Ruth Hartley Mosley always made an impression.
She was tall and beautiful, with piercing eyes. A commanding presence in any setting.
She didn’t have time for trifles. Her mother died when she was 12. Her father, a boot maker, instilled in her a sense of resolve and self-sufficiency that guided her all of her days.
She was born in Savannah in 1886, but lived in Macon most of her life, moving here with her first husband, Richard Hartley (Years after his death, she married Fisher Mosley.) She was a successful businesswoman during a time when the odds of such an achievement were squarely against a woman, especially a woman of color.
She owned a funeral home, more than a hundred rental properties and was one of the first women anywhere to earn a mortician’s license.
A nurse by training, Mosley helped teach dozens of black midwives. She also was active in Macon’s civil rights movement. After her death, she was an inductee into the Georgia Women of Achievement. (Authors Margaret Mitchell and Carson McCullers were in the same class.)
Still, many folks have never heard of her.
“She had a vision, and she knew what she wanted,” said Gerri McCord, executive director of the Ruth Hartley Mosley Memorial Women’s Center. “She believed that if you had the ability to give, it was your responsibility to do so. … Not enough people have been exposed to her throughout the community.”
The Women’s Center is located in Mosley’s former home. It’s a beautiful old building on the short stretch of Spring Street near the Cotton Avenue Historic District. It is a contributing building to the Macon Historic District, which was added to the National Register of Historic Places in 1974.
Until recently, that district — Macon’s leading black business community at one time — was on Historic Macon’s Fading Five list of endangered properties because of intense commercial development pressure. The district itself has made substantial progress thanks to preservation efforts and the work of such groups as the Cotton Avenue Coalition, but the Women’s Center is not on so firm a footing. It needs structural work. There’s plenty of rotten wood. The plaster walls are deteriorating. (Mark your calendar, though. Starting Tuesday, Sept. 24, you’ll have a chance to vote online to help the center win critical preservation funding. Details are coming soon.)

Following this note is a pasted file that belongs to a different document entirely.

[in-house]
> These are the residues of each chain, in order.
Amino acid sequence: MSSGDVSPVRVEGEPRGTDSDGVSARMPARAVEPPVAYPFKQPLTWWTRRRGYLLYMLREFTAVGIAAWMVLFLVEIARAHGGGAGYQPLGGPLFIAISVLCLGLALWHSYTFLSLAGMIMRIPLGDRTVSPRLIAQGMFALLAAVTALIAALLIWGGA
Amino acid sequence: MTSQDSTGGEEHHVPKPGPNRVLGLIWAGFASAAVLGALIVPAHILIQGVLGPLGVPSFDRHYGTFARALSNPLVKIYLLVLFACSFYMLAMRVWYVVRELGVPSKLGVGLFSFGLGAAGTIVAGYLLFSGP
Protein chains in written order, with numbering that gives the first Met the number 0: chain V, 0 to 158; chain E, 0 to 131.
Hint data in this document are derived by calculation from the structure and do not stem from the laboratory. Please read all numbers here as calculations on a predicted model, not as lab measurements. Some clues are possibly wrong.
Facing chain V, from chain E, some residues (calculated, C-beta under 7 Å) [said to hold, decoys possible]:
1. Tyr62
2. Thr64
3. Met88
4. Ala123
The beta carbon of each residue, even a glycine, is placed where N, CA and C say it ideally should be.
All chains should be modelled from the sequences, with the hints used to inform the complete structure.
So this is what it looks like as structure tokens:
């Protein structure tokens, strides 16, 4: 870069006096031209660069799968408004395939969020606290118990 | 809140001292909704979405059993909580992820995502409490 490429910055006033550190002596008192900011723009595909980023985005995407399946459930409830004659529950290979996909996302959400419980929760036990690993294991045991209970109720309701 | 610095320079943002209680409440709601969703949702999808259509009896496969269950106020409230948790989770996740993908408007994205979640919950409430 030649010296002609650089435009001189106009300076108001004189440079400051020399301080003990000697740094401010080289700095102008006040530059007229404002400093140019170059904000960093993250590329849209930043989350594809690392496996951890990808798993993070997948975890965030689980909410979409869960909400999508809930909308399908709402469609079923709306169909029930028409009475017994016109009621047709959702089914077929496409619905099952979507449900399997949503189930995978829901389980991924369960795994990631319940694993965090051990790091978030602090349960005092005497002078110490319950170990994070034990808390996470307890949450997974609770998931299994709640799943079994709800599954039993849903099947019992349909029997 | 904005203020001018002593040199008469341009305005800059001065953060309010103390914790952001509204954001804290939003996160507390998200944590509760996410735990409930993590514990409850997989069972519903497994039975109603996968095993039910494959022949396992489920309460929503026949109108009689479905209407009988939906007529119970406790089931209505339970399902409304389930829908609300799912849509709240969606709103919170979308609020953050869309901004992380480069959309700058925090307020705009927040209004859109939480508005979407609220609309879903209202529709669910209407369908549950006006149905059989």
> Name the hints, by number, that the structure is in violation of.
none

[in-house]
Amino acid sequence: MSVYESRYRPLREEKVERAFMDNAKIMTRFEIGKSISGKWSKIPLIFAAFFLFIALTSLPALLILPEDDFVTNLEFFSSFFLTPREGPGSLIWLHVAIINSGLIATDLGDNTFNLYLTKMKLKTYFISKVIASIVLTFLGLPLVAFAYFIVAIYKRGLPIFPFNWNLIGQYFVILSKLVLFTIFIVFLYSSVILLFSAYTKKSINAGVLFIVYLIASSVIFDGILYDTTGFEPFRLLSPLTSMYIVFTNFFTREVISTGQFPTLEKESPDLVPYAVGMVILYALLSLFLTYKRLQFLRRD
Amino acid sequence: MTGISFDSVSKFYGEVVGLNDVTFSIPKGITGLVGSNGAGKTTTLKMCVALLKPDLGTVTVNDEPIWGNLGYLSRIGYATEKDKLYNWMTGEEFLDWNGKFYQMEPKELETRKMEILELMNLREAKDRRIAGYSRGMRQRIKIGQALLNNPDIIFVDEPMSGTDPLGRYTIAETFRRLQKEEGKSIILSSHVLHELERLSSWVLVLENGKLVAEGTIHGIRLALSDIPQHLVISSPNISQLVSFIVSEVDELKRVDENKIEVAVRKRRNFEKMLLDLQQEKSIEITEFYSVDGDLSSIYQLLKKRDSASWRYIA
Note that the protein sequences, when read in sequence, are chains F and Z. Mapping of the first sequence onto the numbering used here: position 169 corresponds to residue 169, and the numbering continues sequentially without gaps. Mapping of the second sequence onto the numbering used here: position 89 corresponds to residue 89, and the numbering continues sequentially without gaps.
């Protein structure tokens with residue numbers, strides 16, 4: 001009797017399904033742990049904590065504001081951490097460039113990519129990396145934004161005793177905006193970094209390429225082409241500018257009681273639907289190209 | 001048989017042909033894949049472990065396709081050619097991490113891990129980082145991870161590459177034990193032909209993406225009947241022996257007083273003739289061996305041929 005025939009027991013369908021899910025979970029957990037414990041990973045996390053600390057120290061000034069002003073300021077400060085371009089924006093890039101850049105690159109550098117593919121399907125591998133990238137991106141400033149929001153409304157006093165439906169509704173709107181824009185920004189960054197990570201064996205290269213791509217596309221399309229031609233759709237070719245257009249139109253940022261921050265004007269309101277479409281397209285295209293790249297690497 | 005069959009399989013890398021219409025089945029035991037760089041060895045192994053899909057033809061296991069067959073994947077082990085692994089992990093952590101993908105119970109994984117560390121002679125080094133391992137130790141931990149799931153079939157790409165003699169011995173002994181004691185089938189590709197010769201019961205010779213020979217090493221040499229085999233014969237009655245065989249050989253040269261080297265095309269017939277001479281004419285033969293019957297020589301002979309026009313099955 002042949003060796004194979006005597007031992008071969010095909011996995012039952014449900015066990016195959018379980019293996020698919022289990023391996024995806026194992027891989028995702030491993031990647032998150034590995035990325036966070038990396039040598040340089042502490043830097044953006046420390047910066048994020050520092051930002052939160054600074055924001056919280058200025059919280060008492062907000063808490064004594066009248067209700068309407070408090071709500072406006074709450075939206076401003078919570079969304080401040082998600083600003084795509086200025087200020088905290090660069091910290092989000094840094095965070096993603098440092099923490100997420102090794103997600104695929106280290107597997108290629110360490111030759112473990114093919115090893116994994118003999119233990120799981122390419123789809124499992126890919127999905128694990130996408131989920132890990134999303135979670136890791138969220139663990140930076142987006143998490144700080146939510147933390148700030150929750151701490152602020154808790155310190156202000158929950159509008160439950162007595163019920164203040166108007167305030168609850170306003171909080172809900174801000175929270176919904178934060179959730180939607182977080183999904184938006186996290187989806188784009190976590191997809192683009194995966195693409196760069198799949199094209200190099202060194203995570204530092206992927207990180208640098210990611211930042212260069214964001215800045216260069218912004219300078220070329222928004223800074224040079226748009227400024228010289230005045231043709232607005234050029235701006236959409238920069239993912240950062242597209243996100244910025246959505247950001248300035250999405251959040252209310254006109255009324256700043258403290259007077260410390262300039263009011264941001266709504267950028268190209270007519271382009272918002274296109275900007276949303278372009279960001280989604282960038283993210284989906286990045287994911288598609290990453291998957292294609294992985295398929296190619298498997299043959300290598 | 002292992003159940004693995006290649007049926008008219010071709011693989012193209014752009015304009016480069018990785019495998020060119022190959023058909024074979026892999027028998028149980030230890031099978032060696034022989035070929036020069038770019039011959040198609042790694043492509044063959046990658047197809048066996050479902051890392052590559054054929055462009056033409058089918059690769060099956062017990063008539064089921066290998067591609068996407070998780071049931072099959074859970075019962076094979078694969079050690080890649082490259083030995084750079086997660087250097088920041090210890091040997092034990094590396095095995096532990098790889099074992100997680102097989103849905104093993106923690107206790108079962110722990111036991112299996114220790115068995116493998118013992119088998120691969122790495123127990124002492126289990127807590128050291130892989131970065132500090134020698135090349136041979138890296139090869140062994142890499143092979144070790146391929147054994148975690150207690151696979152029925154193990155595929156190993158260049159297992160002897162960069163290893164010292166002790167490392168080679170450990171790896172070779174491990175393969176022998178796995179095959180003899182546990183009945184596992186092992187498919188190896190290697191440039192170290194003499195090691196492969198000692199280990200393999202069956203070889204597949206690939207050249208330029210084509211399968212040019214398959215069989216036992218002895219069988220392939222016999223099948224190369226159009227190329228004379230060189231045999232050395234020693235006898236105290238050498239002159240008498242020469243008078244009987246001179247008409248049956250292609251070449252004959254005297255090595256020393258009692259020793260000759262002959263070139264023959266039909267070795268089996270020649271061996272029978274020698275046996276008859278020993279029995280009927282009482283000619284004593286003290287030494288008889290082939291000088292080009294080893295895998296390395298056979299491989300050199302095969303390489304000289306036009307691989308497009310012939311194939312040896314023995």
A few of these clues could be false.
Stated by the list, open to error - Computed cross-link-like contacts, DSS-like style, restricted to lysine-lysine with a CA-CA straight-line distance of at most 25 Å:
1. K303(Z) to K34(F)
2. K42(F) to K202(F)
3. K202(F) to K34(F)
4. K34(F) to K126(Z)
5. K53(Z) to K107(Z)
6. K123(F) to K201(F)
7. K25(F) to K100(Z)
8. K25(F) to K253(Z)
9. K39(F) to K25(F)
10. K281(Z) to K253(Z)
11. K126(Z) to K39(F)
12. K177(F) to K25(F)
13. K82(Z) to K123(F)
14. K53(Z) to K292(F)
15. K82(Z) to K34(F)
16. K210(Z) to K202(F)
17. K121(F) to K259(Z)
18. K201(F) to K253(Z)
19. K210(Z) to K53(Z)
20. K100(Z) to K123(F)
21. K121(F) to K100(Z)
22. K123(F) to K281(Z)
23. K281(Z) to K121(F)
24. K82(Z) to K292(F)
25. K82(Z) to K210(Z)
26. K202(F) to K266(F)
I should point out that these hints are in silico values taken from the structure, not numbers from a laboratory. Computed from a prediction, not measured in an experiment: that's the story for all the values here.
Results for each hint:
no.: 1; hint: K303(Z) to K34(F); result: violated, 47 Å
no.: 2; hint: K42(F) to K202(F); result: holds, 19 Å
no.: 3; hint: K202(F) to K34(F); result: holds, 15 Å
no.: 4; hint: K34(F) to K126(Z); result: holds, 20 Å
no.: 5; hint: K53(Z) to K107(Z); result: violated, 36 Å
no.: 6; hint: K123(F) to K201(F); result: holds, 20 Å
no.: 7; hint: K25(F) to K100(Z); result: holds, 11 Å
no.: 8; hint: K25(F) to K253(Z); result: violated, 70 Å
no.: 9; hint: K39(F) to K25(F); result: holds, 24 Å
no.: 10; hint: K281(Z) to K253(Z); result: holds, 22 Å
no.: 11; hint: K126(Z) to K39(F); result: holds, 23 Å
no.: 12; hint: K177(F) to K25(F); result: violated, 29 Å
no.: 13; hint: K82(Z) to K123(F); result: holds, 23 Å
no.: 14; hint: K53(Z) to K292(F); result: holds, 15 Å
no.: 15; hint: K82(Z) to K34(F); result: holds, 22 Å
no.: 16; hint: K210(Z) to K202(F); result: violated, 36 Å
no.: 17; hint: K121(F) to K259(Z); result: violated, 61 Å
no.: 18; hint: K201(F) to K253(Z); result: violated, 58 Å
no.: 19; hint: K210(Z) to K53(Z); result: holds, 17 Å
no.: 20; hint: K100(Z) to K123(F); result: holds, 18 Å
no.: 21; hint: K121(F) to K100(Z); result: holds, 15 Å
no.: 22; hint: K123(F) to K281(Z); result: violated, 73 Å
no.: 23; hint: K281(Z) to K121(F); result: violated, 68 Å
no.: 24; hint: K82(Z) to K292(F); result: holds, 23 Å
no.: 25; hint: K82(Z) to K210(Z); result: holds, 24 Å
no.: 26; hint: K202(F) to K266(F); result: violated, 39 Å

“It’s shameful for a place like this to be in our community and not be recognized or preserved,” McCord said this week during a look around the center. “I don’t think we know what we’ve got here.”
During the turbulent 1950s and ‘60s, Mosley hosted civil rights leaders Martin Luther King Jr. and Ralph Abernathy, as well as Thurgood Marshall, before he was a Supreme Court justice. Her home was a refuge for them in the Jim Crow South, much like other sites that were featured in the movie “Green Book.”
Mosley cherished Macon, and she wanted the best for its residents. Since it opened its doors to the public in 1978, the nonprofit Women’s Center has provided help in keeping with her wishes: increasing educational opportunities for women and enhancing their life skills, as well as providing services for the community. That has included classes for aspiring nursing assistants.
Her estate included two trust funds. One provided financial assistance for needy students who wanted to become nurses or other health care providers. It’s been depleted. The other fund established the Women’s Center, but it, too, will soon be exhausted.
“She put her money where her mouth was,” McCord said. “It was very important to her to give back to the community that gave so much to her. She tried to fulfill needs she saw in the community.
“She lived in her moment. She didn’t know that things would open up and be more inclusive. She left resources to provide for her people.”
Mosley died in Savannah in 1975 at age 89. She is buried in Linwood Cemetery, in the Pleasant Hill neighborhood.
The next time you’re strolling around Tattnall Square Park, take a moment to stop by the majestic fountain in the middle of the park.
At the base of the fountain wall, you will find words of inspiration and encouragement from influential Macon residents who’ve made a difference over the years.
Ruth Hartley Mosley is among them.
Her message there, set in stone, is as timeless as the values she held dear.
“You are as good as anyone. Never let the fact that you don’t have anything keep you from achieving.”